# Determining the rank of a matrix

1. Dec 28, 2016

### influx

1. The problem statement, all variables and given/known data

2. Relevant equations
N/A
3. The attempt at a solution
I know that they got a rank of 2 since there are 2 linearly independent columns but what if we decided to count rows? In that case we would have 4 linearly independent rows which would suggest the rank is 4? How do we reconcile between these?

2. Dec 28, 2016

### Staff: Mentor

You should try to prove the linear independence of the four rows. Or simply draw them in a plane.

3. Dec 28, 2016

### Ray Vickson

No. Just because you have 4 rows does not mean you have 4 independent rows. In fact, you can have at most 2 independent vectors of dimension 2!

In fact, you can see that Row_3 = 2*Row_2 - Row_1 and Row_4 = - Row_1 - 4*Row_2..

REMEMBER: in any matrix, the number of linearly-independent rows equals the number of linearly-independent columns. That is an important basic theorem of linear algebra.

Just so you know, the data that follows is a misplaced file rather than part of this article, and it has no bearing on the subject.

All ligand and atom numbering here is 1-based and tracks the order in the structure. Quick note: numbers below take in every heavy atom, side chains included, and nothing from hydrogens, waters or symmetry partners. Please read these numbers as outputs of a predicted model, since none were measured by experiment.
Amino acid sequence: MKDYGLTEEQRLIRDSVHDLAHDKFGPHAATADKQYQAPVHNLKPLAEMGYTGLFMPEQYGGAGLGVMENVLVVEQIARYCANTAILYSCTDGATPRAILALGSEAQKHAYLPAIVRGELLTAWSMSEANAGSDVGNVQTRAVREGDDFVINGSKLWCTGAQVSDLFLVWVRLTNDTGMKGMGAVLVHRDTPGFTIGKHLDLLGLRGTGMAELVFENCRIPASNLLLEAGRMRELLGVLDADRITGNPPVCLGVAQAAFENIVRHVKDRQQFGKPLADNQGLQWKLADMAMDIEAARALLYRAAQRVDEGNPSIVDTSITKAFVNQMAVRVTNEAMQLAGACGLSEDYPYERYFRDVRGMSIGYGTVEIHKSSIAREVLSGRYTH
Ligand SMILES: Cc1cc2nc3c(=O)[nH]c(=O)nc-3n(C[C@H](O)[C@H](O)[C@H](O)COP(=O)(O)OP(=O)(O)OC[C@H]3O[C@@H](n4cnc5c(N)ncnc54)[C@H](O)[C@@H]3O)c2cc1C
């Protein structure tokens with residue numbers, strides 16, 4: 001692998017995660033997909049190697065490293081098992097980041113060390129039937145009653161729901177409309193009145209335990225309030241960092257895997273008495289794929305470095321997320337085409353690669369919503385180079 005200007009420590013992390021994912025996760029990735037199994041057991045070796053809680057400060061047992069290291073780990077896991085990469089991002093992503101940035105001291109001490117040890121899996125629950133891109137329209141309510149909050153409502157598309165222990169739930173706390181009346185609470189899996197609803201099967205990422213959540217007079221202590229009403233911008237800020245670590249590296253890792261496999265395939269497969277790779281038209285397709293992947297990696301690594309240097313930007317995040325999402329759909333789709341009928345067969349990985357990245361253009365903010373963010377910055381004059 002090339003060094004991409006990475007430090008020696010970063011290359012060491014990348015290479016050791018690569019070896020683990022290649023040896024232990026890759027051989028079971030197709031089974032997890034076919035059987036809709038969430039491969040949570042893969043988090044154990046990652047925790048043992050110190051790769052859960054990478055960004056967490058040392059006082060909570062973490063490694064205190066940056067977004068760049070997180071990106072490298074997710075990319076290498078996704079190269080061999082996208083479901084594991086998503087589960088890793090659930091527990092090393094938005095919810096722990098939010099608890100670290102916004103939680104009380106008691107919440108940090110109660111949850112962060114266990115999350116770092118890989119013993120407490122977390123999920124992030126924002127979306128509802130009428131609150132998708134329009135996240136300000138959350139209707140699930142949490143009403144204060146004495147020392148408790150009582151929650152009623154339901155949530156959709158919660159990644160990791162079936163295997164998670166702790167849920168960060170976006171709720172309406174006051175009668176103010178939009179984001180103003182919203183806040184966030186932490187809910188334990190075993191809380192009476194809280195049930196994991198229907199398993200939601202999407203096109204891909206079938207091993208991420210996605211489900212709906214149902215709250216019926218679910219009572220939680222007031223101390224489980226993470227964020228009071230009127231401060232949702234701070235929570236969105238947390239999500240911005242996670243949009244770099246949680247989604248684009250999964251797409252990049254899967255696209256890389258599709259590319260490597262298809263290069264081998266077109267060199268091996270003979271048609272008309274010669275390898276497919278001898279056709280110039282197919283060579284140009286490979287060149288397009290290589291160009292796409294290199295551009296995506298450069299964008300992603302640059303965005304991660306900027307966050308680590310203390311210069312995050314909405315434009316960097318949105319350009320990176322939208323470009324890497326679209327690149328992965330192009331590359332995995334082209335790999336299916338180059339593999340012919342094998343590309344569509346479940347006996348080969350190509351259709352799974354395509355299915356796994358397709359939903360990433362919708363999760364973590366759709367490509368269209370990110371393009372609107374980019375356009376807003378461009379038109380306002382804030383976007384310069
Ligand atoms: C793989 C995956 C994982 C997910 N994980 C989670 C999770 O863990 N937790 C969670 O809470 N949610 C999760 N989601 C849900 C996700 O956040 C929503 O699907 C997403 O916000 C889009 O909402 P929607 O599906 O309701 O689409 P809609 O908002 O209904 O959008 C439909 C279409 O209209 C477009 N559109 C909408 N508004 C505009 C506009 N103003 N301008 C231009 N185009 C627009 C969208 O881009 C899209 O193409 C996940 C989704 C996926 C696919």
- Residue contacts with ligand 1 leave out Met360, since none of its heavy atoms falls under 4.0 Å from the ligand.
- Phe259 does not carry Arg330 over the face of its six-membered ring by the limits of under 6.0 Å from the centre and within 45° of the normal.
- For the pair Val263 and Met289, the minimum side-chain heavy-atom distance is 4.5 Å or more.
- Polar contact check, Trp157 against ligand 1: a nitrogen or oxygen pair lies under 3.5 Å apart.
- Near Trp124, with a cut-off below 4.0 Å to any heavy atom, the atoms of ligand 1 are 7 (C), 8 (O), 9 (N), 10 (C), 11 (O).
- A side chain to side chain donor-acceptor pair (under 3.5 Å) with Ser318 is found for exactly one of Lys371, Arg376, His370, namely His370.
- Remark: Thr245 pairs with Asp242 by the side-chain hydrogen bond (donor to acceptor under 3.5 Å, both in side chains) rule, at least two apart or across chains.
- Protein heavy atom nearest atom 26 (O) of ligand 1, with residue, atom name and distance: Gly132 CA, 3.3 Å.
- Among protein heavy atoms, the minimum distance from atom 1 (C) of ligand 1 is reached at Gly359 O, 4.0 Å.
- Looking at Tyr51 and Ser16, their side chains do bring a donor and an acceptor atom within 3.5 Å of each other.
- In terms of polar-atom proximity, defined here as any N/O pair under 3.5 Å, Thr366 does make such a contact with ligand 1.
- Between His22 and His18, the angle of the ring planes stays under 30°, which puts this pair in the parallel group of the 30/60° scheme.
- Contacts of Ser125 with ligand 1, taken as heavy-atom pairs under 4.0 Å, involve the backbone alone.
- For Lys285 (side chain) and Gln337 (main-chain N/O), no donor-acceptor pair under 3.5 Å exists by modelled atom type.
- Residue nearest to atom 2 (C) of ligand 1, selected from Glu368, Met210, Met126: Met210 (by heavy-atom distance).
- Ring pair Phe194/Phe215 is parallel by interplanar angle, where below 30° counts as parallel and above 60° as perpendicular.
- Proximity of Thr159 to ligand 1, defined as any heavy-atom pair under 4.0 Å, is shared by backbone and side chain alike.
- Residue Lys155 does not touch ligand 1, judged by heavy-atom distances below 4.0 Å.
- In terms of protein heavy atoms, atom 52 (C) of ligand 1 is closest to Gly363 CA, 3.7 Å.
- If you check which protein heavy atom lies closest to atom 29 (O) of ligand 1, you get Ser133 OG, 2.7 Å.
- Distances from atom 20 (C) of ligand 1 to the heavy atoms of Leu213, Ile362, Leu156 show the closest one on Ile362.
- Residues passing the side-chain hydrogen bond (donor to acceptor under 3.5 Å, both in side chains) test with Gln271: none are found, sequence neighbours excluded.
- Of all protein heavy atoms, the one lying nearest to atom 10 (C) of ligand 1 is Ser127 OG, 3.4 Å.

4. Dec 28, 2016

### Ray Vickson

I hope you mean linear dependence.

5. Dec 28, 2016

### Staff: Mentor

No, I meant linear independency. My goal was to let the OP see by himself why this won't be possible and learn out of it.

6. Dec 28, 2016

### Ray Vickson

OK: I found the wording confusing.

7. Dec 28, 2016

### Staff: Mentor

He claimed the rows to be linear independent, so to ask for a proof seemed to be logic. Thus he would have learnt multiple things: don't claim, what you cannot prove, the calculations with linear dependencies and linear independencies are basically the same, and a (failed) proof would have simultaneously shown two free parameters solving the dimension formula. All within this tiny example.